Alzheimer disease (AD) is a neurodegenerative disease of the brain that is divided into early- and late-onset groups. AD is characterized by the build up of amyloid plaques, neurofibrillary tangles and the loss of connections between neurons. It is the most common type of dementia especially in the elderly. The exact causes of AD are elusive at the moment but are most likely the result of genetics and other factors. Scientist have been working hard to identify individual and or groups of genes responsible for the disease. Although the scientific community has identified may genes involved in early and late More >
The effect of foods on gene expression is a fairly new area of science termed nutrigenomics. Many people are highly interested in how they may protect or prevent disease or conditions by applying diets appropriate to ones genetic make-up. Although early in its stages nutrigenomics has identified some very interesting findings. One interesting find was a clinical trial linking olive oils to the anti-inflammatory response
Extra virgin olive oil has been shown to reduce the expression of 98 genes involved in the inflammatory response by researchers from the University of Cordoba (Camargo A et al. 2010). Polyphenols are the primary beneficial More >
It might be more real than not. Scientists working at the biotech giant Geron Corporation have isolated a molecule, TA-65, which has the ability to increase telomerase activity (It is important to note that his find has not been evaluated in published peer reviewed studies as of yet). This is an exciting breakthrough for telomerase is an enzyme that adds DNA sequence repeats to the 3′ end of DNA strands in the telomere regions, which are found at the ends of eukaryotic chromosomes. The telomeres contain condensed DNA material, giving stability to the chromosomes. These telomere DNA sequences shorten with More >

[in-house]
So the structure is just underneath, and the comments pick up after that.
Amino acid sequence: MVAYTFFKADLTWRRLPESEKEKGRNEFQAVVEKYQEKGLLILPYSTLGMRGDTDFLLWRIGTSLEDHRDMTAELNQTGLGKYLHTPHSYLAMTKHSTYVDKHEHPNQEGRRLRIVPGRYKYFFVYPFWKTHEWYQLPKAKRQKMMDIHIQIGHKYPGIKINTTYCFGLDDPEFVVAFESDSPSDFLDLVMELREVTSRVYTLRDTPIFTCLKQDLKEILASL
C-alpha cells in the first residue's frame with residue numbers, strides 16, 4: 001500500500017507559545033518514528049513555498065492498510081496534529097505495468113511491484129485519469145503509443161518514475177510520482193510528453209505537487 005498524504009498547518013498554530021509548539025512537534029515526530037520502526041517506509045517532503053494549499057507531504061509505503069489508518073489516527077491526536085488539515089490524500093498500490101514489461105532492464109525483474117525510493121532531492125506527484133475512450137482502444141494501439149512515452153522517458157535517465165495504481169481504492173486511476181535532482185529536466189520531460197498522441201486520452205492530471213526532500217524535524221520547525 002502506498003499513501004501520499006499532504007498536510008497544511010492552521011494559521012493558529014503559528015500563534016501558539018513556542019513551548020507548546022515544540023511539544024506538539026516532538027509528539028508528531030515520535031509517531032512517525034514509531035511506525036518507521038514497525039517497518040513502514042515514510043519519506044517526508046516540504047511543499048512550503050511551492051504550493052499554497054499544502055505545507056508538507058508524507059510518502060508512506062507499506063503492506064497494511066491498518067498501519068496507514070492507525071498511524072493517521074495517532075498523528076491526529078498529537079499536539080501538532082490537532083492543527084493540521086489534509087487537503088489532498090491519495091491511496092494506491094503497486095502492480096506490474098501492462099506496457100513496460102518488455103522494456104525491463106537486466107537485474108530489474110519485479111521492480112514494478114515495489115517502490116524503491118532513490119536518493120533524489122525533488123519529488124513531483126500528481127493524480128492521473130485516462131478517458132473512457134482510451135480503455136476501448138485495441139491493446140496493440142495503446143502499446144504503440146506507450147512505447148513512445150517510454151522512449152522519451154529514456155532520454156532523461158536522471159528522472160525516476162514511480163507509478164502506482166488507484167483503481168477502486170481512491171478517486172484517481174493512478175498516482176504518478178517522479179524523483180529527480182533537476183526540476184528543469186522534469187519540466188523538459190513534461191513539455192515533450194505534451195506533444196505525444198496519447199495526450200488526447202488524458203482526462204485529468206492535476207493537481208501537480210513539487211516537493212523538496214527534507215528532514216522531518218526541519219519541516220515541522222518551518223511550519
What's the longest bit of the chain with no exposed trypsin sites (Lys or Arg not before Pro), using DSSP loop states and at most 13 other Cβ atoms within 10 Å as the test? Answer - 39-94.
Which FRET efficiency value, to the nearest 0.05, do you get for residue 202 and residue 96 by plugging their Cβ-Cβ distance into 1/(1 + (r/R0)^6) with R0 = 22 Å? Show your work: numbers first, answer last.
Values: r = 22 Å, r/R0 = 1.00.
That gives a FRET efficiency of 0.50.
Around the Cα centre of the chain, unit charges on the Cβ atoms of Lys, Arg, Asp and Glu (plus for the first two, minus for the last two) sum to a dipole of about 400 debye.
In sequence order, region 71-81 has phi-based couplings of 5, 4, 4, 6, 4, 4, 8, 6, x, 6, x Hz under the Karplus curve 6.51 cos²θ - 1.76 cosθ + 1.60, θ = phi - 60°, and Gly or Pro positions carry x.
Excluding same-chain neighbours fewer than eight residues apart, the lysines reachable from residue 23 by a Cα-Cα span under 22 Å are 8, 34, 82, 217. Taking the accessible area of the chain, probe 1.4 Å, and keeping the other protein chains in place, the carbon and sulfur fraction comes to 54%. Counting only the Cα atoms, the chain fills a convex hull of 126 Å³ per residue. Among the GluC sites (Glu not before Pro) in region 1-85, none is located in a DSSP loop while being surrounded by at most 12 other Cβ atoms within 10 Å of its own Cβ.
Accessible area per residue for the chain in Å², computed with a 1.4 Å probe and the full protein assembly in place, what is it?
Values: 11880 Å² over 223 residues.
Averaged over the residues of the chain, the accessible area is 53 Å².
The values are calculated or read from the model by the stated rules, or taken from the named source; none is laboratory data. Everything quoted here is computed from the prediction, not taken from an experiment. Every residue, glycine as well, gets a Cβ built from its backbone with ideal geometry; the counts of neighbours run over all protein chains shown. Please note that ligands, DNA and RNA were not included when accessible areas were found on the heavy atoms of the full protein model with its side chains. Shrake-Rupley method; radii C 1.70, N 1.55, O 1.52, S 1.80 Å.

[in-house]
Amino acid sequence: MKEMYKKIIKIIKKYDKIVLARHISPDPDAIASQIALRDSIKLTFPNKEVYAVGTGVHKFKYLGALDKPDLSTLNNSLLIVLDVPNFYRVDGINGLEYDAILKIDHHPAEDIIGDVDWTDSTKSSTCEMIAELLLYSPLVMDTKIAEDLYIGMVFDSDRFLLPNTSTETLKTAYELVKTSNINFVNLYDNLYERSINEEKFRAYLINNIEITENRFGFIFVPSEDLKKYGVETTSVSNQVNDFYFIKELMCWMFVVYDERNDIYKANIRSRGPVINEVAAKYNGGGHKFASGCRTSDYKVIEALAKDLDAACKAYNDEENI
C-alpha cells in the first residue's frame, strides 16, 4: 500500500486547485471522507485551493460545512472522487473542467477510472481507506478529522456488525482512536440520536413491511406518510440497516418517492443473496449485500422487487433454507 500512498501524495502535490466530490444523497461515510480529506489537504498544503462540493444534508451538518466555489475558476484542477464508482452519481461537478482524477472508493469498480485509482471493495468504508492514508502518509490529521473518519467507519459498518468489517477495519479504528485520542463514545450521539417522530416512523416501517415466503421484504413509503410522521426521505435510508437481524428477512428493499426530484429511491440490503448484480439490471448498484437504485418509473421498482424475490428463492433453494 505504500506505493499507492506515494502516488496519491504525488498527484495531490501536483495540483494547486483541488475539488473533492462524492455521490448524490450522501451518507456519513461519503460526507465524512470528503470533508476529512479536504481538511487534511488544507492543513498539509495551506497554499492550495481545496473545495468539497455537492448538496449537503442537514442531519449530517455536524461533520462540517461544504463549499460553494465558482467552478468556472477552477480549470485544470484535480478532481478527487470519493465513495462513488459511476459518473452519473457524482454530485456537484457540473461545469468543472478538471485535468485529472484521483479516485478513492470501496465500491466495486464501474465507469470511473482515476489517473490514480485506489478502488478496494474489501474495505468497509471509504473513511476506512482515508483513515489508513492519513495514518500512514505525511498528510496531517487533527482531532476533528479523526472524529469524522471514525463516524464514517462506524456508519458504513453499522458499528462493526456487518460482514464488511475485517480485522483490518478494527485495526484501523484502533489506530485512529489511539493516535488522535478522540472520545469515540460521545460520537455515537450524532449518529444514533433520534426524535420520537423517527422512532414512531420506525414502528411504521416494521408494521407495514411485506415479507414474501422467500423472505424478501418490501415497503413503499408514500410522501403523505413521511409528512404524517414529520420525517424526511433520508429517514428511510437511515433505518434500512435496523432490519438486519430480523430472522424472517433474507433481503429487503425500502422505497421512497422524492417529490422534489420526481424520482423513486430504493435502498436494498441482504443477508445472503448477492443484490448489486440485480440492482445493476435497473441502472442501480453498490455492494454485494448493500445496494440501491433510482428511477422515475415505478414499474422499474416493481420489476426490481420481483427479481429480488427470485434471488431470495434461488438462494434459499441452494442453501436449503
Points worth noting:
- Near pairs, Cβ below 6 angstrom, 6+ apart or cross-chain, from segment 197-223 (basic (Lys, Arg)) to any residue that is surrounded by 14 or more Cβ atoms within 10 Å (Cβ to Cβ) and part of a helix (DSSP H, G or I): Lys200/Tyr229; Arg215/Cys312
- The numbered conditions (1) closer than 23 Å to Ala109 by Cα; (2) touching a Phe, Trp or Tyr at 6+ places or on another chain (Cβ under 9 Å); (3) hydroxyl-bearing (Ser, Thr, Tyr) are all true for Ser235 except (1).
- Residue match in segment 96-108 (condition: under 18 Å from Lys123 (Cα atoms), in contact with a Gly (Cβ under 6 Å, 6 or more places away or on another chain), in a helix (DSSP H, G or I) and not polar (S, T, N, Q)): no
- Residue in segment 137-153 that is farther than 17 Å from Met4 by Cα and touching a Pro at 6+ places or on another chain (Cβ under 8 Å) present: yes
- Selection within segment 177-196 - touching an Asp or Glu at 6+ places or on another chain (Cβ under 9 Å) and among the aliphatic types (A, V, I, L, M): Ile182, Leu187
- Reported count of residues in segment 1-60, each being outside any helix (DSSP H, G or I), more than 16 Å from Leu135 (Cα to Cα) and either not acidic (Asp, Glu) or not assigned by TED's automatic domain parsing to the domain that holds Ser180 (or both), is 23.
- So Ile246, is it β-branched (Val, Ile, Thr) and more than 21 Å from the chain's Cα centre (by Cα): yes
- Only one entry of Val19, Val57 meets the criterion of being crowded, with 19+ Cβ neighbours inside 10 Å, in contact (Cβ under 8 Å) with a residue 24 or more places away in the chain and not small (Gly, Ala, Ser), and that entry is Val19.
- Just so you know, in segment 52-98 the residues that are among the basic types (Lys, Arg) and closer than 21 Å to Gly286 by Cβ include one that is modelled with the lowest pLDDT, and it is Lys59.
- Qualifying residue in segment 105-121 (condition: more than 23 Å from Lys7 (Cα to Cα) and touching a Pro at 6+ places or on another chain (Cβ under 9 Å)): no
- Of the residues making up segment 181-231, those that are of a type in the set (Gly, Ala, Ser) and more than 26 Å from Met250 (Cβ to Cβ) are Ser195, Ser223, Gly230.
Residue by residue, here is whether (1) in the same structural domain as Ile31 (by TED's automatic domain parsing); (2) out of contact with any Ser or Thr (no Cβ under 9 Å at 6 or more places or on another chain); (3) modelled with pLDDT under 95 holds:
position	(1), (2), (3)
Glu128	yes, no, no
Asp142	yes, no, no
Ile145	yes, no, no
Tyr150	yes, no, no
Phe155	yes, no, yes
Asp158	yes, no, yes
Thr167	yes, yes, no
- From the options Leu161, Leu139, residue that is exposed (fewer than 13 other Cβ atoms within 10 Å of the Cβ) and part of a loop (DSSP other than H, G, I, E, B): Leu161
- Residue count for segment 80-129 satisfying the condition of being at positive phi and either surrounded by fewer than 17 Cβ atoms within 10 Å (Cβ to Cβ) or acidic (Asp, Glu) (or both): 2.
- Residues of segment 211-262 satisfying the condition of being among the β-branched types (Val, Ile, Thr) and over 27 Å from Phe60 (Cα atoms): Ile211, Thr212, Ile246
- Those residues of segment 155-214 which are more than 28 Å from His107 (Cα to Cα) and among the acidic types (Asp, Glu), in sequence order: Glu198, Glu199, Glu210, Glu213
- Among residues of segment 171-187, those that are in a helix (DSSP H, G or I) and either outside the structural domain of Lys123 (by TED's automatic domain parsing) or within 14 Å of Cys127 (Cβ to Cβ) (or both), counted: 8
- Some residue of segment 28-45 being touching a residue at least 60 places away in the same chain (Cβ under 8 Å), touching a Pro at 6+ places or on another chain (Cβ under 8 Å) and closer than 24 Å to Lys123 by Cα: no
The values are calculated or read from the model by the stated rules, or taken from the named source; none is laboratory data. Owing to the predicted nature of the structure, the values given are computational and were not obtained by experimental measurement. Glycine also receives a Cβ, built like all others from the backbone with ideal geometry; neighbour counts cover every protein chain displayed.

Adrenoleukodystrophy is a rare inherited disorder identified in patients with a defective gene that produces a protein called ALD; which leads to progressive brain damage. ALD is a transporter required for the break down fats. Defects in ALD lead to the build up of fats and the eventual damage of the myelin sheath that protects nerves. For many years the only treatment for this has been bone marrow transplants, which is limited in the availability of donors and let us not forget the number of complications that could arise.
A new treatment has shown itself in the form of gene therapy. More >
Cancer is a life threatening disease characterized by uncontrolled growth of cells coupled with malignant behavior. The causes leading to cancer are believed to be genetic, environmental, or a combination of the two. Chemotherapy is one of a number of treatments for cancer. It utilizes a regiment of chemicals toimpair cell division and/or induce programmed cell death.
Research carried out by Dr Yang Li and colleagues at Harvard Medical School, the Technical University of Denmark, and the Université Libre de Bruxelles, have highlighted two genes – LAPTM4B and YWHAZ – that may inhibit the response of anthracycline-based adjuvant chemotherapy for breast More >